For an employee going to trial over a worker’s compensation claim, the process can be incredibly intimidating. It likely isn’t going to be a pleasant experience, and everyone’s stress level (and legal expenses) will be through the roof. The company likely will have hired private investigators to follow you around, filming your every movement and trying to shoot holes in your injury claims. Before you go to court, you should dwell on how committed you are to the process. While you may feel that you have a strong case, the judge might not see it that way. Trial lawyers can be merciless with their questioning and tactics, and the entire experience can be emotionally and financially taxing.
Despite the difficulty of going to a trial, it can potentially be your best option. If the other party is unwilling to compromise or provide an ongoing level of treatment that you feel is necessary, then going to trial might be the only way for you to get the level of care that you feel to be appropriate.
Preparing for trial is incredibly time-intensive work for your attorney. In order to properly present the facts in a court of law, your attorney needs to follow a legal fact-finding process that can be quite time-consuming. The process of taking official statements, called depositions, and gathering evidence can take some time, and often in the legal process there is little that you can do other than wait.
When you finally do have your day in court, it is the culmination of several weeks or months of work on both sides. Naturally, tensions will be running high. Try to not let this rattle you too badly. The hearing will begin with both sides making opening statements and outlining their case. Then, the injured worker’s attorney will present their case along with any witness testimony. These witnesses will likely be cross-examined by the defense.
The judge who is overseeing the case is the legal party that ensures a fair trial for both sides and that both parties follow the proper legal procedure. The judge will also settle any objections raised by both sides during the proceedings.
During the trial, the judge is responsible for hearing witness testimony, gathering statements by both attorneys, and reviewing exhibits submitted as evidence. The attorneys are responsible for asking questions, although the judge can step in and ask clarifying questions as well. The judge will certainly be taking notes, as will the court reporter. Each judge is slightly different in their manner of running a court, and this is something that you should discuss with your attorney beforehand. While the validity of your legal case is what really matters, it helps to build report and conduct yourself in a way that the judge will see favorably.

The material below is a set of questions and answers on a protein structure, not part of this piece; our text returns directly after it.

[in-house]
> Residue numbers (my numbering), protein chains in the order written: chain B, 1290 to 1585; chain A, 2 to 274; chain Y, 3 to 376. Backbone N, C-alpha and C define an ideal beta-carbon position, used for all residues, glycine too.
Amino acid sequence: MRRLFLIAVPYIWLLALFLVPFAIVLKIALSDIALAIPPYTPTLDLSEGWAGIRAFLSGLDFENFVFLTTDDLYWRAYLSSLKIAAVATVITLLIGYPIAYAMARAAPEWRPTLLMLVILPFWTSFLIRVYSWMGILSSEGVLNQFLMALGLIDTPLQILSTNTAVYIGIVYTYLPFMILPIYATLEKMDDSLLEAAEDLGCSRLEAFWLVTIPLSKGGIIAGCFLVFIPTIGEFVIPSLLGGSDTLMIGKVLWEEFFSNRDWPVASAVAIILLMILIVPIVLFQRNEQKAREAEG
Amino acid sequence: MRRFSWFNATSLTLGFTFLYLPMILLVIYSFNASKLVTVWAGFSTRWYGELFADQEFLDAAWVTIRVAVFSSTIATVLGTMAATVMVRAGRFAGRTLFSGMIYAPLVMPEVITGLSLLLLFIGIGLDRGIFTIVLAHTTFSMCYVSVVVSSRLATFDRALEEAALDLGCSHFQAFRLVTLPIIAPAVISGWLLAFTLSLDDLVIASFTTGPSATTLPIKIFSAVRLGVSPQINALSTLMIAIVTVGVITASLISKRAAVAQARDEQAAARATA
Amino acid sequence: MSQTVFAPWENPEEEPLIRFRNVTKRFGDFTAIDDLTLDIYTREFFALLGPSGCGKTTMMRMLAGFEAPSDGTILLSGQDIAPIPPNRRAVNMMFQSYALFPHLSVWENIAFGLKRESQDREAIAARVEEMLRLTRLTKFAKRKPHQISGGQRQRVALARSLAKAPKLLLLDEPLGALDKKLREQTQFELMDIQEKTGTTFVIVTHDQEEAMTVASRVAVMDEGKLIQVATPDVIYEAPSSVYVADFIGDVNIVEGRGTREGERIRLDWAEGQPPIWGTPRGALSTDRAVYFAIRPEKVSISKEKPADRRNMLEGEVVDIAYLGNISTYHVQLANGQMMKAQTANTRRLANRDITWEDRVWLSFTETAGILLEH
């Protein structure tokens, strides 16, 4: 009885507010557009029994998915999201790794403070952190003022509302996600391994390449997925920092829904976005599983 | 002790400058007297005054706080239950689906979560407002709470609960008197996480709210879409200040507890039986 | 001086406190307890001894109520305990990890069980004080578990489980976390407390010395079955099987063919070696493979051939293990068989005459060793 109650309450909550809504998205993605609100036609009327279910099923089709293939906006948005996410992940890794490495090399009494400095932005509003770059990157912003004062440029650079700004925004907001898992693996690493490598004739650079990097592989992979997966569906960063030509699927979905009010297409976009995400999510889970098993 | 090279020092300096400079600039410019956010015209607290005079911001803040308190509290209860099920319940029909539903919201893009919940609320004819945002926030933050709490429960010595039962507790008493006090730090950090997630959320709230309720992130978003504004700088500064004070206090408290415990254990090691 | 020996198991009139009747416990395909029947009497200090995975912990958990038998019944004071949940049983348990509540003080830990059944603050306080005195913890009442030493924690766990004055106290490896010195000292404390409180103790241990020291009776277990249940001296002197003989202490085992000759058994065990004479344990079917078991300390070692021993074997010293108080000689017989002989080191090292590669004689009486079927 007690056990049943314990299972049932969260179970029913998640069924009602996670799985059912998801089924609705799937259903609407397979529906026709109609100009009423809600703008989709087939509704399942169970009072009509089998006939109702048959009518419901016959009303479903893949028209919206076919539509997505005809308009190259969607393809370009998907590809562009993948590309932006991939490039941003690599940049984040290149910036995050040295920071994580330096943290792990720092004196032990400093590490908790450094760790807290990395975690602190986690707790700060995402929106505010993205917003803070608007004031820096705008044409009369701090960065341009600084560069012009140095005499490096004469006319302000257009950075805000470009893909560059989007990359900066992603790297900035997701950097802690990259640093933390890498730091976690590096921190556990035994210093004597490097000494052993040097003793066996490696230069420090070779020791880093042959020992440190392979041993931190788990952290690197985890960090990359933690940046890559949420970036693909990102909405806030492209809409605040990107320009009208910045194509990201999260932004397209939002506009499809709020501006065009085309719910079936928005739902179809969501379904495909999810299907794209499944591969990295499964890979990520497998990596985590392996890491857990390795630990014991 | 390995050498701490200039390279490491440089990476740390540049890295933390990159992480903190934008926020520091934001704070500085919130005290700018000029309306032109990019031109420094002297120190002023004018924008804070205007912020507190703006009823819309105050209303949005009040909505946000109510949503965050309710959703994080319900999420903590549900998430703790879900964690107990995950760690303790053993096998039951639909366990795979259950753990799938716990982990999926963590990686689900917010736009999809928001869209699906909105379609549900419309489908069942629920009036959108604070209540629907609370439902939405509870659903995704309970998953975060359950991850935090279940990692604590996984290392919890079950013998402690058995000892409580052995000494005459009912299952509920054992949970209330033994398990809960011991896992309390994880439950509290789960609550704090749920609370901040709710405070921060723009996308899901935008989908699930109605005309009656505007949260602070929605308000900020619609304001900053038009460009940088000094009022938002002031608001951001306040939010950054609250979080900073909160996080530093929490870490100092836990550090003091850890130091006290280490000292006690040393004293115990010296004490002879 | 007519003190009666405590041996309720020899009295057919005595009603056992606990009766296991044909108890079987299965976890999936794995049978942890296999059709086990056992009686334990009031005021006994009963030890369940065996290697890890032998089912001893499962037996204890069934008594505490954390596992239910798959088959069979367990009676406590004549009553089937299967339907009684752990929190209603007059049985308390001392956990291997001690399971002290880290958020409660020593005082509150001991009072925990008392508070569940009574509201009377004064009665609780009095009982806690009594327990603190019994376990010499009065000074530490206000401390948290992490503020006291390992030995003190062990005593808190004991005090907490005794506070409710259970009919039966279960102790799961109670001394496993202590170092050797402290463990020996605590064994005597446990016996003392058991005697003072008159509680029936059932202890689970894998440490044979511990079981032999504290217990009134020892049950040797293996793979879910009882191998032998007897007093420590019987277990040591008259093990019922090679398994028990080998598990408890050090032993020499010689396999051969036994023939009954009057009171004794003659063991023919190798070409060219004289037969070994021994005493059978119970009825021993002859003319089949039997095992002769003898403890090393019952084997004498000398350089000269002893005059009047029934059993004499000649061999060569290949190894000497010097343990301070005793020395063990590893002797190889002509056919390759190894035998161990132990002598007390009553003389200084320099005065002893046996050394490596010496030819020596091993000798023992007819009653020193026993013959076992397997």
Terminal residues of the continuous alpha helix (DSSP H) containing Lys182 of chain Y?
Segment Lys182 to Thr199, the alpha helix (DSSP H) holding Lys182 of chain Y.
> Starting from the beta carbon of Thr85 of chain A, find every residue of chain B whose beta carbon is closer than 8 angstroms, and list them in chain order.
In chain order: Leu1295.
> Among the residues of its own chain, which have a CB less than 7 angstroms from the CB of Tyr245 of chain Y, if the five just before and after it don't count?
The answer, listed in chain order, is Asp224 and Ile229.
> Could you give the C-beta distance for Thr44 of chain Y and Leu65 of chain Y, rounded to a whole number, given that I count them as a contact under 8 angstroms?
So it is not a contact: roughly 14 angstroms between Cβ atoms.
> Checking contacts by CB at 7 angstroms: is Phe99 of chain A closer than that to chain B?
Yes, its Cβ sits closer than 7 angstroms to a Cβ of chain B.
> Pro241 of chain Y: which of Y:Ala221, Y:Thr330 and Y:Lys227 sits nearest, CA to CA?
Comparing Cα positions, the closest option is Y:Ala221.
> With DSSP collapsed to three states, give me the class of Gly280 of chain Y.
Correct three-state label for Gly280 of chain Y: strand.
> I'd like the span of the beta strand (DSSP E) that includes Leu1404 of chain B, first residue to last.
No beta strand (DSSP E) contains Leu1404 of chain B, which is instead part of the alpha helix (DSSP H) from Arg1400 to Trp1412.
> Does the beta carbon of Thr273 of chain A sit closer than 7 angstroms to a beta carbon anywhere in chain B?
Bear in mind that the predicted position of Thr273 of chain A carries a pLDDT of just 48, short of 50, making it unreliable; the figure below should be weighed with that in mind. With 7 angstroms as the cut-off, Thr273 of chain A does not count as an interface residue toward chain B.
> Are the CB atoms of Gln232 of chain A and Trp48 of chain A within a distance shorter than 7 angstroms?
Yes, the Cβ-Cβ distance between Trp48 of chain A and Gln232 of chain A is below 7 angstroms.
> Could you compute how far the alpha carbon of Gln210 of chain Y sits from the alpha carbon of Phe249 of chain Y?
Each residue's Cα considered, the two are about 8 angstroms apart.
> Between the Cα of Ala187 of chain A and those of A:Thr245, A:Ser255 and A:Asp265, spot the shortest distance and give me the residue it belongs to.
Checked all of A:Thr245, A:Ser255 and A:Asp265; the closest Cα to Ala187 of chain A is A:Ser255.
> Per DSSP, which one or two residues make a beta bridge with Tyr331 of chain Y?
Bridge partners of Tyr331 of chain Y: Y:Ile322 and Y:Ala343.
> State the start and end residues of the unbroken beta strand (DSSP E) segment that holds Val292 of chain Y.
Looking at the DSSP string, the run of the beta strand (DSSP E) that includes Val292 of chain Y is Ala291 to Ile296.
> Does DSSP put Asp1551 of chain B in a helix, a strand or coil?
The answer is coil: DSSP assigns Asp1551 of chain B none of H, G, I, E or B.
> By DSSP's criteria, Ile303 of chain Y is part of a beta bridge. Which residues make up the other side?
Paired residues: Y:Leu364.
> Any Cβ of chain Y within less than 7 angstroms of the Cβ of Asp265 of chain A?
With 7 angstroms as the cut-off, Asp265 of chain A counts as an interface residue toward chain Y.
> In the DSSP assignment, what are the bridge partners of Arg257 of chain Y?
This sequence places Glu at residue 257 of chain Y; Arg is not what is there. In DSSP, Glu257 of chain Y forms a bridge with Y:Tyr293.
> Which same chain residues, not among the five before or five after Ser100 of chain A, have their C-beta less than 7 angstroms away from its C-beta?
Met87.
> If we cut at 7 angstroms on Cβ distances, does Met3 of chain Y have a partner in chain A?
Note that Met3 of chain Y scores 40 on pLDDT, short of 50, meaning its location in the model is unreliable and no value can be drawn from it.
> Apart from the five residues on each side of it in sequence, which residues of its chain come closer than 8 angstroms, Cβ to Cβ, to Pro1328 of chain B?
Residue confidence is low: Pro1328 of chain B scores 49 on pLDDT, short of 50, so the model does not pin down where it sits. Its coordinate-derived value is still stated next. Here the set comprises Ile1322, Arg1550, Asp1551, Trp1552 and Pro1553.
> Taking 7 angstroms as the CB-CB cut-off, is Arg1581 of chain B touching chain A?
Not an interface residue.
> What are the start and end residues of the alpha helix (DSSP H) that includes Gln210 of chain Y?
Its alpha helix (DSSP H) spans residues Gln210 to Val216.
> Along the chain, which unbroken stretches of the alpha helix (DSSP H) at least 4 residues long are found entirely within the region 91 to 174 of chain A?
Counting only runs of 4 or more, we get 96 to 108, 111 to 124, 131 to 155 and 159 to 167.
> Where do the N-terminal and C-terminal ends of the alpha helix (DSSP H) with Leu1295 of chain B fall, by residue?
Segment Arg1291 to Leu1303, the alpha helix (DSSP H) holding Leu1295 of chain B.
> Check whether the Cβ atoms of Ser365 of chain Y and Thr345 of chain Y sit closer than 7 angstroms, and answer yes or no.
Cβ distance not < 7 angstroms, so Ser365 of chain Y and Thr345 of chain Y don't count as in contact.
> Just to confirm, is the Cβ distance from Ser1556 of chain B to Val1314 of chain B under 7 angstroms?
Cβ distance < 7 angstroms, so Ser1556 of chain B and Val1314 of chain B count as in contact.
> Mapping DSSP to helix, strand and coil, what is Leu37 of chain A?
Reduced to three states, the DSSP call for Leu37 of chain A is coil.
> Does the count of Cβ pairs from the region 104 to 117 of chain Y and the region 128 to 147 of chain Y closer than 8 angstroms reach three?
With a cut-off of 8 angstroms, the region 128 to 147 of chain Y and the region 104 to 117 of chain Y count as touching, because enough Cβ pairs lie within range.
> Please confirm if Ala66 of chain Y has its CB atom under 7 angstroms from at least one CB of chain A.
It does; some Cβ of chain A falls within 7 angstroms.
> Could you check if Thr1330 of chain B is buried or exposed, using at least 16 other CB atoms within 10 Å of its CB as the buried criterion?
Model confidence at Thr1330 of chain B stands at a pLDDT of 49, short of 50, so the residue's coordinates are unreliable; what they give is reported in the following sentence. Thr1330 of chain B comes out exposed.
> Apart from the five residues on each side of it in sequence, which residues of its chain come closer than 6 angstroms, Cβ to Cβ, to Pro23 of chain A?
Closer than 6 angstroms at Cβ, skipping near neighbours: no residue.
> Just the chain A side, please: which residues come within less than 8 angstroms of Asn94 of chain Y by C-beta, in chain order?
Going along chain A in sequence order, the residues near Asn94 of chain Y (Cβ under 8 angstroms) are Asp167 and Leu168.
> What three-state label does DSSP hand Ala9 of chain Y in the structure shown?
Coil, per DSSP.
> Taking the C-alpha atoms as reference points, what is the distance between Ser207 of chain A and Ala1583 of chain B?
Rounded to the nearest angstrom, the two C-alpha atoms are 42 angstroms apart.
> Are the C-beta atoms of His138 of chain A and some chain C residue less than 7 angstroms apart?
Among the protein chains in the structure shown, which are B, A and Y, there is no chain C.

After all of these steps, both sides will offer closing arguments to support their case. It can take a long time before the case is ruled, depending on the complexity of the case and the evidence presented. The judge must review all of the evidence before a decision can be made. While it can be incredibly difficult to wait, especially for such an important decision, there is nothing that you or your attorney can do to speed up this process. It is just a matter of patience at this point.
When you do go to trial, it is important that you act professionally and do not let emotions cloud your judgment. This is a very emotionally-charged occasion, but keeping a level head and presenting yourself in a polite and dignified way can make a good impression. Remember to tell the truth and answer questions in a straight-forward and truthful manner. Be sure to wear something clean and understated, since appearances still do count for something. If you are required to answer questions as a witness, answer the questions in a brief and honest manner. Even if a question is unsettling, take a breath and answer calmly while keeping your hands folded. These little tips can go a long way in supporting the validity of your case.